BFI London Film Festival: After the Storm (Umi yori mo Mada Fukaku)

After the Storm (Umi yori mo Mada Fukaku)
Directed by Kore-eda Hirokazu
Starring Abe Hiroshi, Maki Yoko and Yoshizawa Taiyo
LFF Screening October 6th, 13th, 2016

by Richard Hamer

Writer/director Hirokazu Koreeda is a master of the understated family drama. Charting a course through I Wish, Our Little Sister and the heartbreaking Like Father, Like Son – among many others – he’s established a style of filmmaking broad and contemporary in its themes, quiet and reflective in its delivery. After The Storm continues this tradition famously; a portrait of the regrets of age and the disappointments of life both wonderfully acted and artfully staged.

It follows Ryota (Hiroshi Abe), an award winning novelist of fifteen years prior, now clinging to financial solubility betting on bike races, buying lottery tickets and shaking down the clients at an unsuccessful private detective agency. He borrows continually from his aging mother and long-suffering sister. His wife has left him and he struggles to pay the child support for his young son. His life is not the life he dreamed it might be.

After The Storm moves slow and steady, at its best a series of gently paced conversations, meaning much while saying little, where great performances are left room to breathe. Hiroshi Abe is arresting in the lead role: A six foot two Japanese man mountain with the widest, most soulful of eyes; likeable no matter how unreliable he becomes, the weakness in his pride a struggle you want to see him overcome. Kirin Kiki is scene-stealing in the role of the mother, a source of much of the film’s wonderful comedy but also much of its dramatic truth: The disappointment she can’t help but feel for a son she loves, the loneliness yet almost inspirationally philosophical acceptance she has for the recent death of her husband of fifty years.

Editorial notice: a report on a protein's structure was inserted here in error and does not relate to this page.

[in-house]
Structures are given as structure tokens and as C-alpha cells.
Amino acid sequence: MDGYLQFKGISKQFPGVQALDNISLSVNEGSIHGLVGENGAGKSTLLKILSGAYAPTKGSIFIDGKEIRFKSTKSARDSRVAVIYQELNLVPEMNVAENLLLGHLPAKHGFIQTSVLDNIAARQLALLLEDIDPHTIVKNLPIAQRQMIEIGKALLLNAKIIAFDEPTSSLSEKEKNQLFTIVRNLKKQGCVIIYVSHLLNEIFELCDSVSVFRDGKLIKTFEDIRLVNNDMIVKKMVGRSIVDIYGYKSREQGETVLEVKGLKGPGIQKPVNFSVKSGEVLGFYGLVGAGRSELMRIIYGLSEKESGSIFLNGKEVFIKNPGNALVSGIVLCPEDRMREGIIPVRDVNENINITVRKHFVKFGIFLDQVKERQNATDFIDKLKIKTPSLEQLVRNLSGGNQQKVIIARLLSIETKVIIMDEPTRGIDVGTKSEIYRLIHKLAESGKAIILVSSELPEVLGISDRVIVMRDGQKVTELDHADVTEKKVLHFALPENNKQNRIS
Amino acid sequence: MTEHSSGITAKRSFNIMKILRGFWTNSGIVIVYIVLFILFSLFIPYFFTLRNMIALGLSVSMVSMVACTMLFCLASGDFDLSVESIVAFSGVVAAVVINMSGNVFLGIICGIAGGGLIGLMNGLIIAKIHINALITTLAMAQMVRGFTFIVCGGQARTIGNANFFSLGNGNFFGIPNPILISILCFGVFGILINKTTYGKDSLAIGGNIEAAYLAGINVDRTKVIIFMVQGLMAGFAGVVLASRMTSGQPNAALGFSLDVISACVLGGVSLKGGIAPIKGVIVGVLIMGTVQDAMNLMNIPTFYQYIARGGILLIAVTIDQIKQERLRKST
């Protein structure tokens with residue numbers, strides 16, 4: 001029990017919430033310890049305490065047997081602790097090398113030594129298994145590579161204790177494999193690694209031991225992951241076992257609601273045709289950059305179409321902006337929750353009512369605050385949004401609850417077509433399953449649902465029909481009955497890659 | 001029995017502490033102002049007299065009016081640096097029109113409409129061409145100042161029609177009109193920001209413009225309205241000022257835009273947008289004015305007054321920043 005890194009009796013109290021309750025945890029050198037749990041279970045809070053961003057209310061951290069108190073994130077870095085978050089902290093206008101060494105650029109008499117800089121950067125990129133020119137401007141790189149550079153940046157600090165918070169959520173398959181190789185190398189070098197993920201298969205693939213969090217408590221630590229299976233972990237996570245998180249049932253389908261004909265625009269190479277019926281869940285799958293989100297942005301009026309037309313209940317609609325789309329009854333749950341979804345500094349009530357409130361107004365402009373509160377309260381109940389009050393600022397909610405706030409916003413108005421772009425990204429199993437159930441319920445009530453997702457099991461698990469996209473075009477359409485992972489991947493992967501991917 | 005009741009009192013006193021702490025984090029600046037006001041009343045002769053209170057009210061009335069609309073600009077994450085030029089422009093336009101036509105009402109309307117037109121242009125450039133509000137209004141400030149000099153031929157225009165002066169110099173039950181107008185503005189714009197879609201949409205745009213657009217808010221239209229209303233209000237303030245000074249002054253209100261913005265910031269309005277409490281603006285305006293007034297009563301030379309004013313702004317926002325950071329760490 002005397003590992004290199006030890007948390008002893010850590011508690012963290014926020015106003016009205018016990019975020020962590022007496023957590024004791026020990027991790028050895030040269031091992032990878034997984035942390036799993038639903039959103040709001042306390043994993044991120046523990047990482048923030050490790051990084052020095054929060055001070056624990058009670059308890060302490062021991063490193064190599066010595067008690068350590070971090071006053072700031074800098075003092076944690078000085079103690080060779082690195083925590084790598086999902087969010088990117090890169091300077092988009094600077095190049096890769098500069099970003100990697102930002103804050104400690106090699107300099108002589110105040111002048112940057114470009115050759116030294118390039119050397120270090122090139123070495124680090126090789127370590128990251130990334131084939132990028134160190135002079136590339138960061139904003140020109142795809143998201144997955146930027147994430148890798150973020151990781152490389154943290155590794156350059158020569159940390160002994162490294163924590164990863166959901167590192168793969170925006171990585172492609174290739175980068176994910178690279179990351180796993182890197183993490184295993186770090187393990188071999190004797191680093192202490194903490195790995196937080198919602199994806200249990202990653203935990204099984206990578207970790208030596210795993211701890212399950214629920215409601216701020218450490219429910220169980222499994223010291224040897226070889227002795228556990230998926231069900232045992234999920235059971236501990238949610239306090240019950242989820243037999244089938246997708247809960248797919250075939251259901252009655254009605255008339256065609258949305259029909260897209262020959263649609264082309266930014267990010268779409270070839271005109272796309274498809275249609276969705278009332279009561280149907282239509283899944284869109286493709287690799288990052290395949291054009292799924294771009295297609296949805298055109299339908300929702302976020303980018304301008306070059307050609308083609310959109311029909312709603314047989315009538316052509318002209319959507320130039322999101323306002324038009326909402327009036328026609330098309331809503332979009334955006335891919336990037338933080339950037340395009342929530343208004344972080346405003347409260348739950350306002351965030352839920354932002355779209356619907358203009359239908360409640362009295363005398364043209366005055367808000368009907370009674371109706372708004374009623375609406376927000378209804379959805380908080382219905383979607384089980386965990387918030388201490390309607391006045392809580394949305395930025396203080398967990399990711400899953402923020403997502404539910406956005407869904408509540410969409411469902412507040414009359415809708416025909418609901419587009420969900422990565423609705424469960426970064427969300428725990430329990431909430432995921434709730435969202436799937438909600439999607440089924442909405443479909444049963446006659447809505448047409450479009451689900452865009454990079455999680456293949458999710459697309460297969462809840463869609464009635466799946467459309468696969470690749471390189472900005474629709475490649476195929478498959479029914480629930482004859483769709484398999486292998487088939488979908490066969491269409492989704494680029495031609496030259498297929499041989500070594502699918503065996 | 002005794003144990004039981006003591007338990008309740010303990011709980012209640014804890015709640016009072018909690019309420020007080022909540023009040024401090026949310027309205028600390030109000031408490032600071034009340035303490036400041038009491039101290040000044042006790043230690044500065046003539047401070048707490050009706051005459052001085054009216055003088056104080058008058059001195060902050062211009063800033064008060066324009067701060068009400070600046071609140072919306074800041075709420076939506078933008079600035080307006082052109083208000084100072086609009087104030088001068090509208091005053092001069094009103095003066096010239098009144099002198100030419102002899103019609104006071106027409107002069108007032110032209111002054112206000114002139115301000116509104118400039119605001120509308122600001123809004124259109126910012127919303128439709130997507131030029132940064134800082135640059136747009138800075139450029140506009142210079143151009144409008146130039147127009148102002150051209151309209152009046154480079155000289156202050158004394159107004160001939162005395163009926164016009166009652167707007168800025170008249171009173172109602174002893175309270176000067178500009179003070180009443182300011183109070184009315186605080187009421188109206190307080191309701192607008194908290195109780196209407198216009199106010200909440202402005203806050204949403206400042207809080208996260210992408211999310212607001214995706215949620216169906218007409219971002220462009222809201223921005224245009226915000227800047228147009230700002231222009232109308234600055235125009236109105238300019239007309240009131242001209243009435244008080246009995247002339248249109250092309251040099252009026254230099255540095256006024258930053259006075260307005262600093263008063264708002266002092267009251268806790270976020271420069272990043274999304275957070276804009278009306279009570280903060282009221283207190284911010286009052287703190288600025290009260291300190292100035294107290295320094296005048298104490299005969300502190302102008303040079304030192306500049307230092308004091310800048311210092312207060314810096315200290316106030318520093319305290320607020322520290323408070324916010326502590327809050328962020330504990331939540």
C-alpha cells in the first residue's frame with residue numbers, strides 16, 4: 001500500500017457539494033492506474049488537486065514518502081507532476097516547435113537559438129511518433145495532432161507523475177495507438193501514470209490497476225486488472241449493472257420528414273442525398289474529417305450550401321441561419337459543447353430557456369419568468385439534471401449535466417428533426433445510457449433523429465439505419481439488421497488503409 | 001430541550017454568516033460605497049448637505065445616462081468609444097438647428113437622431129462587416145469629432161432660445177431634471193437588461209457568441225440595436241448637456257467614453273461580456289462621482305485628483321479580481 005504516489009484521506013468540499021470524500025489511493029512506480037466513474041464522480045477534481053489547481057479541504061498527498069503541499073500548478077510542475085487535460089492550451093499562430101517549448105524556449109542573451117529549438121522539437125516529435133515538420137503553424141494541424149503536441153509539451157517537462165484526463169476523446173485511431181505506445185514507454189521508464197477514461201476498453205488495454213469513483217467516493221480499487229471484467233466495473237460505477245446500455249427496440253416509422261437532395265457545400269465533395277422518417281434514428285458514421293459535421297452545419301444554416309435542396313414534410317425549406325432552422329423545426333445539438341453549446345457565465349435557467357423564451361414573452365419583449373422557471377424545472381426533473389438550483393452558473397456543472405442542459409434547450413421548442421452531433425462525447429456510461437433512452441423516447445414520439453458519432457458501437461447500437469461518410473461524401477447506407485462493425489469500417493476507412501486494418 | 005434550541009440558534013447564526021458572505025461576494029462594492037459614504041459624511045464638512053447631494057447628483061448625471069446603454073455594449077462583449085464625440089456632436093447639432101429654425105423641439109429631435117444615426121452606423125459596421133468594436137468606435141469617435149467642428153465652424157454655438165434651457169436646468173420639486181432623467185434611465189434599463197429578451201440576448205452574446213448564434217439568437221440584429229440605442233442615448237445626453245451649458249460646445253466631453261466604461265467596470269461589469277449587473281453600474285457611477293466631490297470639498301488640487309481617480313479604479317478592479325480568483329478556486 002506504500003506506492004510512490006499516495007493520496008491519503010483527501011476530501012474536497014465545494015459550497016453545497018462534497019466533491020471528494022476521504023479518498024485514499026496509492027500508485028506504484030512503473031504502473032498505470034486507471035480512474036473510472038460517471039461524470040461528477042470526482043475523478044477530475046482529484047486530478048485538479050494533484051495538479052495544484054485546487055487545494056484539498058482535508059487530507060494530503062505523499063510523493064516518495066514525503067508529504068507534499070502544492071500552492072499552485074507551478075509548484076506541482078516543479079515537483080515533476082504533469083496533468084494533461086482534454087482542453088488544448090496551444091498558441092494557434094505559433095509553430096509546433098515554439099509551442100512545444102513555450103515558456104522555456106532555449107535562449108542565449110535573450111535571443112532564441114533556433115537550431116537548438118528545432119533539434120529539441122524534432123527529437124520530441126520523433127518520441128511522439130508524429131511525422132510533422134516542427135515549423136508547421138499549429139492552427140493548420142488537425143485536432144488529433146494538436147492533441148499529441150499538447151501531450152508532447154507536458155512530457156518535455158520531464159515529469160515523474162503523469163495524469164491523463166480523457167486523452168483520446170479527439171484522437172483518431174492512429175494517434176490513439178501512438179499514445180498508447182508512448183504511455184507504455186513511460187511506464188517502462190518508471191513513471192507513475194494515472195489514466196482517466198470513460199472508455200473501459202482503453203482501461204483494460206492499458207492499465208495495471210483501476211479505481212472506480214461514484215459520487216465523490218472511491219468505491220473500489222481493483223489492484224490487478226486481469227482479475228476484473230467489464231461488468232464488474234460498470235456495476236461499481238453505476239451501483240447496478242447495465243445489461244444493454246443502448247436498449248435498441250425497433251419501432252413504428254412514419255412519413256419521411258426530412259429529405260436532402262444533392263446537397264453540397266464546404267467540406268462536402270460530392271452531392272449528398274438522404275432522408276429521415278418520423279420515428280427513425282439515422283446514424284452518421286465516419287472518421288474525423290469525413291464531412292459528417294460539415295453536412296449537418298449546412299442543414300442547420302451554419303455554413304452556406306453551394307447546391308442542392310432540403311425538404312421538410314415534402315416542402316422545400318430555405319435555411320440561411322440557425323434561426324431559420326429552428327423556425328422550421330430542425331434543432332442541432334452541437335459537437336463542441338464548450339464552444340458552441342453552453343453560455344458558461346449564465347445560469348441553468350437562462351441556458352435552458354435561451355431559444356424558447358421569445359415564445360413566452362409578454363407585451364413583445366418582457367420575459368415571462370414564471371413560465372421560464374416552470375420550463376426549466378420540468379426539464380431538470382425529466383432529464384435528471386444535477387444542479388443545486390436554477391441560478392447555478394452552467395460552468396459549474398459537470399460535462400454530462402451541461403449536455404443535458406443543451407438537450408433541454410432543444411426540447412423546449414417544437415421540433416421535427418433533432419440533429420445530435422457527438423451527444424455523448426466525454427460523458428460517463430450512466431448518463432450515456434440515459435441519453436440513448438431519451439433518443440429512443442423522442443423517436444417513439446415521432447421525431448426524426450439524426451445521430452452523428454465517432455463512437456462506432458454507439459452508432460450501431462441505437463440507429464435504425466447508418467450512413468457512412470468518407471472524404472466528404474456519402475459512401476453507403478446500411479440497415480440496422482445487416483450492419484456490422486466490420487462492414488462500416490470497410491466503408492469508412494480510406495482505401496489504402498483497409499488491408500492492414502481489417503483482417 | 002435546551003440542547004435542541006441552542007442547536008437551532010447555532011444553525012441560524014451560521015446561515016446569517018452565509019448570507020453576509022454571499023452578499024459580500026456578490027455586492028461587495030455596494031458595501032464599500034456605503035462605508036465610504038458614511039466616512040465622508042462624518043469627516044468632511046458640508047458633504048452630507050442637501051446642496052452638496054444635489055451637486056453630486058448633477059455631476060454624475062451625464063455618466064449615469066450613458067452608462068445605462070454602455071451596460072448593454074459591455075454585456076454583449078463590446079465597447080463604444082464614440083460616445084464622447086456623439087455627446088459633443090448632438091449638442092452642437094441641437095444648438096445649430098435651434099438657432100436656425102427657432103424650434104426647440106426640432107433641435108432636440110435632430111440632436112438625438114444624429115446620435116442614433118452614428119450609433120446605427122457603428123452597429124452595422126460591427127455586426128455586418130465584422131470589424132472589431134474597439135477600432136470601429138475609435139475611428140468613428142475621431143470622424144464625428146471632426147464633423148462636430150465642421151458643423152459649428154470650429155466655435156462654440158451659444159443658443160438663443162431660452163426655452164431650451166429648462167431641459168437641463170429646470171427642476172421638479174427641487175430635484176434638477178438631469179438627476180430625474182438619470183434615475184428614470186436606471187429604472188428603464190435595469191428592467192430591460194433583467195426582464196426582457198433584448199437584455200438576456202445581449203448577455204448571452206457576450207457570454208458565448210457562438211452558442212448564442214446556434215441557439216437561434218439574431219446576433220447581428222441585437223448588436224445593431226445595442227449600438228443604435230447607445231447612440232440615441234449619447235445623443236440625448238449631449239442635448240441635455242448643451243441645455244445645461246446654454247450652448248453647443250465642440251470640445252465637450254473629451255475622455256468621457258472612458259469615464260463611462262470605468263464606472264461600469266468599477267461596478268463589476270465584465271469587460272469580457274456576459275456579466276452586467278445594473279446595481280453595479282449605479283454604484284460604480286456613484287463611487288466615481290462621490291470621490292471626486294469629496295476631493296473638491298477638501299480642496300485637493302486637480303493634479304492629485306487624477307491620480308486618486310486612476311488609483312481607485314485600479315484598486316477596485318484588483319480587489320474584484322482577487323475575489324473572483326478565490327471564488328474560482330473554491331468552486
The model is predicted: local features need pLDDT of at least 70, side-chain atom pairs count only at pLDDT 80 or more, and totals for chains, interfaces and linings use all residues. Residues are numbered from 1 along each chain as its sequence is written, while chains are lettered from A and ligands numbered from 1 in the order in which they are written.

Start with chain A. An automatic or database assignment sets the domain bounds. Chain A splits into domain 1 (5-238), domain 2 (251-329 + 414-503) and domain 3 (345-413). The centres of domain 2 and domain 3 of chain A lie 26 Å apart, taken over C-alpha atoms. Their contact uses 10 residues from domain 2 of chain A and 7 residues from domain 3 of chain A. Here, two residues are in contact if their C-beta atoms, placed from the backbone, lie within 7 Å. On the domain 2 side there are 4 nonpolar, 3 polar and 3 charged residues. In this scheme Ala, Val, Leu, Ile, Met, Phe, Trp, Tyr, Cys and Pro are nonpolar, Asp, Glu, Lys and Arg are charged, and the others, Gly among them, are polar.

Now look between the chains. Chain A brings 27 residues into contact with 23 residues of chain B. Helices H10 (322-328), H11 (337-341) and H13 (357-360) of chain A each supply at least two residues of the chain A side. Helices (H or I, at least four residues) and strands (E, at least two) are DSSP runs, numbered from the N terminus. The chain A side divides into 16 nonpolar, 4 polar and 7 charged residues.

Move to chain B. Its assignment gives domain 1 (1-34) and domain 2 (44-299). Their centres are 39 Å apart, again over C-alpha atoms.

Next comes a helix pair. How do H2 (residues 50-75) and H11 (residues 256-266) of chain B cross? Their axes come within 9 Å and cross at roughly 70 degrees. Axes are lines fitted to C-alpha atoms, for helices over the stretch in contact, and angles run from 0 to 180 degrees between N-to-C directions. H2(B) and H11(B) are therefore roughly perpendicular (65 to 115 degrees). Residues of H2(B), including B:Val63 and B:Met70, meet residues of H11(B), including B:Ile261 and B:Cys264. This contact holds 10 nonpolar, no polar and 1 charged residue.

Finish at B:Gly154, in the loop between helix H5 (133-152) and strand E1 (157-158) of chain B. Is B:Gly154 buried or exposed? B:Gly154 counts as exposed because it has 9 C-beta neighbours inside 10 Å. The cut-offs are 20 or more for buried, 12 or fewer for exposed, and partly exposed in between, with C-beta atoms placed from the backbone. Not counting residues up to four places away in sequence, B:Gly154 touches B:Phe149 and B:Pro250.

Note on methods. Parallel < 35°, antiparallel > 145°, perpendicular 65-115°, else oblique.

Much like the rest of Koreeda’s work, After The Storm is a movie to be savoured for these insights of character and feeling. In truth, it can’t be said to be the equal of much of his previous work: While the acting is never less than spot-on, the dialogue suffers here, especially towards its conclusion. Sheltering from the storm of the movie’s title, much of the conversation becomes overly confessional in nature, the story’s themes laid bare in exchanges that read a little too on-the-nose. It’s a rare and disappointing moment when you find yourself thinking “OK, I get it!” in one of Koreeda’s works, but it’s a late-game let down, and one that doesn’t impact the quality of what came before.

After The Storm is not Koreeda at his best, but it is another fine addition to the catalogue of one of Japan’s greatest filmmakers. It’s impossible to walk away without dwelling for a moment on your own failings and disappointments, and the film’s hopeful message that perhaps there’s always time to turn things around.




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